From the High Arctic regions of Canada and Alaska where Arctic wolves roam to the deserts of the US Southwest and Mexico that the Gila monster calls home, North America is a biodiverse continent filled with a vast array of wildlife. Here are 20 of the most fascinating animals in North America, selected by our US, Mexico, and Canada team members.
1. Canada lynx
Characterised by its long, dense fur, snowshoe-like paws, and black-tufted ears, the Canada lynx (Lynx canadensis) is native to Canada and the US states of Alaska, Maine, Montana, Washington, Minnesota, Colorado (and possibly Wyoming, Wisconsin, Michigan, and New Hampshire). They live in boreal forests and mainly target snowshoe hares as prey. The Canada lynx’s large feet help it traverse snowy areas. Though they are much larger than house cats, lynx are not considered big cats like tigers and lions. They are about 75 to 90 centimetres (30 to 35 inches) long and weigh 6 to 14 kilograms (15 to 30 pounds). The IUCN classes this species as least concern.
2. Gila monster
The Gila monster (Heloderma suspectum) is the largest living lizard in the US and the country’s only venomous lizard. Found in parts of Arizona, California, Nevada, New Mexico, Utah, and northwestern Mexico, the Gila monster is recognised by its orange and black stripes and spots. Despite its name, it is typically sluggish and does not generally attack humans. Its venom is typically not fatal. In fact, more often, humans persecute it because of its fearsome reputation—despite its status as a protected species in Arizona. Its name derives from the Gila River Basin, where it was once abundant.
The Gila monster has near threatened status. It faces the illegal wildlife trade, habitat loss, and road traffic, as it is often struck by vehicles.
Not to be confused with the ringtail lemur, the ringtail (Bassariscus astutus) is a species in the raccoon family. Its range spans all the way from Louisiana and Arkansas to California and southern Oregon in the US and as far south as Oaxaca in Mexico. The state mammal of Arizona, the ringtail is known by many names—such as the ring-tailed cat, miner’s cat, civet cat, and cacomistle. Despite these nicknames, it’s not actually a cat. A fun fact is that its scientific name translates to ‘clever little fox’ in Latin.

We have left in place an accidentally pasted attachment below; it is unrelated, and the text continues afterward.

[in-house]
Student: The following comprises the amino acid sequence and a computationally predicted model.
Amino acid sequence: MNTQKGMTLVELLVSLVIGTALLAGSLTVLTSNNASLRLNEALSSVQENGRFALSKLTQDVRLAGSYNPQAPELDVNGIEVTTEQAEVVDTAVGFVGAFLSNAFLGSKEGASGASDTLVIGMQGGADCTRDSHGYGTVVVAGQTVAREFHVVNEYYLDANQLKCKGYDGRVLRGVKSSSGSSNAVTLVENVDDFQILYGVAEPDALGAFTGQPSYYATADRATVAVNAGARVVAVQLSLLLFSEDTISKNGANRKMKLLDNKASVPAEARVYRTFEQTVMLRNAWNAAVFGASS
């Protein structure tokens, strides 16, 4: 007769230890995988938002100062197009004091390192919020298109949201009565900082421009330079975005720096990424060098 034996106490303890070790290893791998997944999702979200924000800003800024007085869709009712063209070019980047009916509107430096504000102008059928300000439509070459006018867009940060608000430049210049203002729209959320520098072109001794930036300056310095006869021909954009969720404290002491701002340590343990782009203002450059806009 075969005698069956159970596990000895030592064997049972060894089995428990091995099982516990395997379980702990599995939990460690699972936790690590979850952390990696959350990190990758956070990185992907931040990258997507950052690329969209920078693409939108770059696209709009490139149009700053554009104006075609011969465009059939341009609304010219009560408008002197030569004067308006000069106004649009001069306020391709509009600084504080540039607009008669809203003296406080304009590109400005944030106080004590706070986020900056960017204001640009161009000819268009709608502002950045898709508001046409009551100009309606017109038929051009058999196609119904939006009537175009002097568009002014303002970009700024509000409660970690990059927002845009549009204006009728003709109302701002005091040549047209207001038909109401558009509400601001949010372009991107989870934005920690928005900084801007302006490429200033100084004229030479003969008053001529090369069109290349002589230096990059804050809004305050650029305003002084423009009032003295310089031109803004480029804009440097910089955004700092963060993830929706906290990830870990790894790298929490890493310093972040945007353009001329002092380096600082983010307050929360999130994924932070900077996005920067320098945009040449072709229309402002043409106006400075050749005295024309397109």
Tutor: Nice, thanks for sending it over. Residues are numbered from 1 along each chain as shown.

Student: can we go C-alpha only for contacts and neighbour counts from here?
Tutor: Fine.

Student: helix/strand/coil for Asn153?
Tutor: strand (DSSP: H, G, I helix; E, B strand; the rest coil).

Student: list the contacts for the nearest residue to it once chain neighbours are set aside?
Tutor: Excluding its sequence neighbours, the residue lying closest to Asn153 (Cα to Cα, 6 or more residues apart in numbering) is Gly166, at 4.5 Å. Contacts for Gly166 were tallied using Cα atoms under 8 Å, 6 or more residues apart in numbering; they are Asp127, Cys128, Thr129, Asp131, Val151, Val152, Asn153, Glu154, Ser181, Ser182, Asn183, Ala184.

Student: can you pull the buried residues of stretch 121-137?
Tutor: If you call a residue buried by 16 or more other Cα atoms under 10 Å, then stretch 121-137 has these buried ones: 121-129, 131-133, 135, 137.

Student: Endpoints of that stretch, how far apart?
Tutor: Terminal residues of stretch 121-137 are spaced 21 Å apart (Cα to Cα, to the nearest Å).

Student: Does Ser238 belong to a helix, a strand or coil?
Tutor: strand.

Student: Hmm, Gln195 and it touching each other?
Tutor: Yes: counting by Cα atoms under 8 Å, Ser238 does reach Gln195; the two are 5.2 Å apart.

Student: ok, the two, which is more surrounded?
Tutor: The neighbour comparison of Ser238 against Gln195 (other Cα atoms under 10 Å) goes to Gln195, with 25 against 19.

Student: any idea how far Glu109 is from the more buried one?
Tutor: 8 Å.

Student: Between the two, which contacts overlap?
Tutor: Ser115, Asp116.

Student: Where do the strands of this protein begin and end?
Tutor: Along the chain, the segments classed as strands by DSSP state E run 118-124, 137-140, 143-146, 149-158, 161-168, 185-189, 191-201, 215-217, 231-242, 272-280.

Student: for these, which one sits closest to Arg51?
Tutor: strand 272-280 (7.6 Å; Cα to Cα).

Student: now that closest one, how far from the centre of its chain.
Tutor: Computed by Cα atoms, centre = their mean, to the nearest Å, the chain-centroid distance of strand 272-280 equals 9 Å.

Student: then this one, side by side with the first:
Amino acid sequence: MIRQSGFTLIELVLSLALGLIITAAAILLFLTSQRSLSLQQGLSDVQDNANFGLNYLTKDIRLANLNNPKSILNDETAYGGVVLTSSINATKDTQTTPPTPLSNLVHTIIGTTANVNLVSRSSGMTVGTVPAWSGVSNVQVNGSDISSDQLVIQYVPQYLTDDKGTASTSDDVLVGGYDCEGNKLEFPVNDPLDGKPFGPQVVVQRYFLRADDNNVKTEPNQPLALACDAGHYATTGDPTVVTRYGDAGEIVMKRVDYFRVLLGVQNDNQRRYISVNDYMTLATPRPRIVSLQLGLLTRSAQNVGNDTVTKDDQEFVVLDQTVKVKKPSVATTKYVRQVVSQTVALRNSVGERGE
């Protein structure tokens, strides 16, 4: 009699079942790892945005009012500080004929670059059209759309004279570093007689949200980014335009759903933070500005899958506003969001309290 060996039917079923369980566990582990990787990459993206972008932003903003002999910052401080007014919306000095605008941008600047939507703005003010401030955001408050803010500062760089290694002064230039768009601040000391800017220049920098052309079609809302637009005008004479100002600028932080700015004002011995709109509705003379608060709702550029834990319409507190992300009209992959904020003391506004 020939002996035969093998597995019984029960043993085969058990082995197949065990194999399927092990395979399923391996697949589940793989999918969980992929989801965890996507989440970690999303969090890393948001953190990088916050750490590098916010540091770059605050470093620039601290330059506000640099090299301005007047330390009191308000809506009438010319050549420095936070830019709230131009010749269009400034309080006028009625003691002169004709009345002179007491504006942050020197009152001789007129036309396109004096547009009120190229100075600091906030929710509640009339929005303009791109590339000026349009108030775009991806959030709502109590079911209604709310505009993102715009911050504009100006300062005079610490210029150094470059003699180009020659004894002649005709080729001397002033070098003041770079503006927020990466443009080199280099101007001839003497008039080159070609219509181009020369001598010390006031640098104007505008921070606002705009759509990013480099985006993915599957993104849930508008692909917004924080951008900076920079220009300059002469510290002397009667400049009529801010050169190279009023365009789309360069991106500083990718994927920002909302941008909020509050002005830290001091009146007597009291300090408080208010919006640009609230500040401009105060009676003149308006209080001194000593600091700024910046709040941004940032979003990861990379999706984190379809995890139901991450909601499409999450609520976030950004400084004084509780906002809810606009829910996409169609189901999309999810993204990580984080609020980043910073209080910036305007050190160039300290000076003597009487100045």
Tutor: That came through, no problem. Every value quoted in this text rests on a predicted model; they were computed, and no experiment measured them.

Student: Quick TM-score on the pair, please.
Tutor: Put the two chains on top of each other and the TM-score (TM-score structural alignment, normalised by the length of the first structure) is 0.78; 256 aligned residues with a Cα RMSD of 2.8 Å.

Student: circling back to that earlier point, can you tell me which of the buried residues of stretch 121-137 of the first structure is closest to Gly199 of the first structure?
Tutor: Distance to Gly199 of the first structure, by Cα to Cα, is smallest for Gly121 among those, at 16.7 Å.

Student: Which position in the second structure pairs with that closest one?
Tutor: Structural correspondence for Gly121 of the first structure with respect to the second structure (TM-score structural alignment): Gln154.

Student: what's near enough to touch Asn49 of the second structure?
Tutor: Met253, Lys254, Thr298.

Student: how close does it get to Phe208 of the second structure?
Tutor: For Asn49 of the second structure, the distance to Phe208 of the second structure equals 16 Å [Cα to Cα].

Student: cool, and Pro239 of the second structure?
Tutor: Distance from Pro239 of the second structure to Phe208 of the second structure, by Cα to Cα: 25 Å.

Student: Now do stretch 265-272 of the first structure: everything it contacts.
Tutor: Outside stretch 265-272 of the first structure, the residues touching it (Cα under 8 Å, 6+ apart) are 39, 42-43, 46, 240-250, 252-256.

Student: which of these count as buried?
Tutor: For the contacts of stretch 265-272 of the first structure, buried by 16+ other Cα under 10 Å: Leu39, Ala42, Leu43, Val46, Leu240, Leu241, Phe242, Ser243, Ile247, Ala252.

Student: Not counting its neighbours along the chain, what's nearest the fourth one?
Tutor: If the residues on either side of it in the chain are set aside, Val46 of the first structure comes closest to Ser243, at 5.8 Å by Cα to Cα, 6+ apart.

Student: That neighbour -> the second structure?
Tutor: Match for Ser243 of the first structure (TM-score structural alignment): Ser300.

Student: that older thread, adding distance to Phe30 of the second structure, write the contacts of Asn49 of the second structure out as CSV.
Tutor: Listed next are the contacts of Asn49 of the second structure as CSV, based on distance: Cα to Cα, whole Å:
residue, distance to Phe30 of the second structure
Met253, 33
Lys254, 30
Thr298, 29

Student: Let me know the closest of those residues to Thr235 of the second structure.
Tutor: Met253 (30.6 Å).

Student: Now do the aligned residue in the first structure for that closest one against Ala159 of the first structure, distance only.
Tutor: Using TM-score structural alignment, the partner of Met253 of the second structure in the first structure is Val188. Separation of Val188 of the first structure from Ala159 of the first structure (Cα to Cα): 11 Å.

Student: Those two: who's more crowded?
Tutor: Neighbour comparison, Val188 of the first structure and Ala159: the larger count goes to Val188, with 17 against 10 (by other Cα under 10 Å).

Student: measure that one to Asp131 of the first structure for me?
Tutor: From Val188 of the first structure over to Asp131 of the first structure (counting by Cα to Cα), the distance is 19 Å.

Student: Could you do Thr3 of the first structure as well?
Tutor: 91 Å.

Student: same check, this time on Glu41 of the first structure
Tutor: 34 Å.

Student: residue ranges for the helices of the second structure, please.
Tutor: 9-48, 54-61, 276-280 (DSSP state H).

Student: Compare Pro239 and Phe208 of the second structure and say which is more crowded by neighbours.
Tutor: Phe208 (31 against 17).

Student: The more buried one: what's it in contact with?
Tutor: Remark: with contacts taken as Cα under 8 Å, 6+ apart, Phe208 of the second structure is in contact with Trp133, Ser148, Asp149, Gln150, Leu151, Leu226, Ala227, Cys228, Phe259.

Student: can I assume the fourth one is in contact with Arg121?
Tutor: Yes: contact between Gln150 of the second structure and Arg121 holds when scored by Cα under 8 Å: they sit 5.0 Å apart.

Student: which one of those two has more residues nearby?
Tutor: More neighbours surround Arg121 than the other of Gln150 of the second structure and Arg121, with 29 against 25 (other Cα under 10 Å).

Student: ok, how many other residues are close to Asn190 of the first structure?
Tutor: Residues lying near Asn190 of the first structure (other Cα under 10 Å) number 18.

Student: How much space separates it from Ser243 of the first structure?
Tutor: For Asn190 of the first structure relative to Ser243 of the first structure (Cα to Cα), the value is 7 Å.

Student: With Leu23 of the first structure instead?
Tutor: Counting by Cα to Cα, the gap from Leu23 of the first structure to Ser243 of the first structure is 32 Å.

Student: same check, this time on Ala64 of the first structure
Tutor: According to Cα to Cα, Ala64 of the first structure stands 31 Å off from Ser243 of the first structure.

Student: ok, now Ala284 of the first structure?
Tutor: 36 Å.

The ringtail has dark brown to black fur with pale underparts. Its face is similar in shape to a fox’s, and it has long whiskers and black fur around its eyes. Its tail is its most recognisable feature—it’s about the same length as its body and is ‘ringed’ by black and white stripes.
Ringtails can survive for abnormally long periods of time without drinking water (getting it instead from the food they consume)—they have the most concentrated urine of any mammal studied. This adaptation allows ringtails to conserve water. The ringtail is classed as least concern by the IUCN.
4. Thick-billed parrot
The thick-billed parrot (Rhynchopsitta pachyrhyncha) is a red and green parrot formerly native to the US and now only found in Mexico. Thick-billed parrots are known to make sounds similar to human laughter.
Following the extinction of the Carolina parakeet, which was last seen in the wild in 1910, the thick-billed parrot was the last surviving parrot species known to inhabit the US. However, it reportedly disappeared from the country in the 1990s.
The thick-billed parrot is endangered with fewer than 2,800 individuals remaining. Its primary threat is deforestation, largely the result of commercial logging. Less than 0.06% of the original old-growth forest it inhabits in the Sierra Madre Occidental ecoregion remains. Illegal trade and climate change also pose historic and current threats.
5. Arctic wolf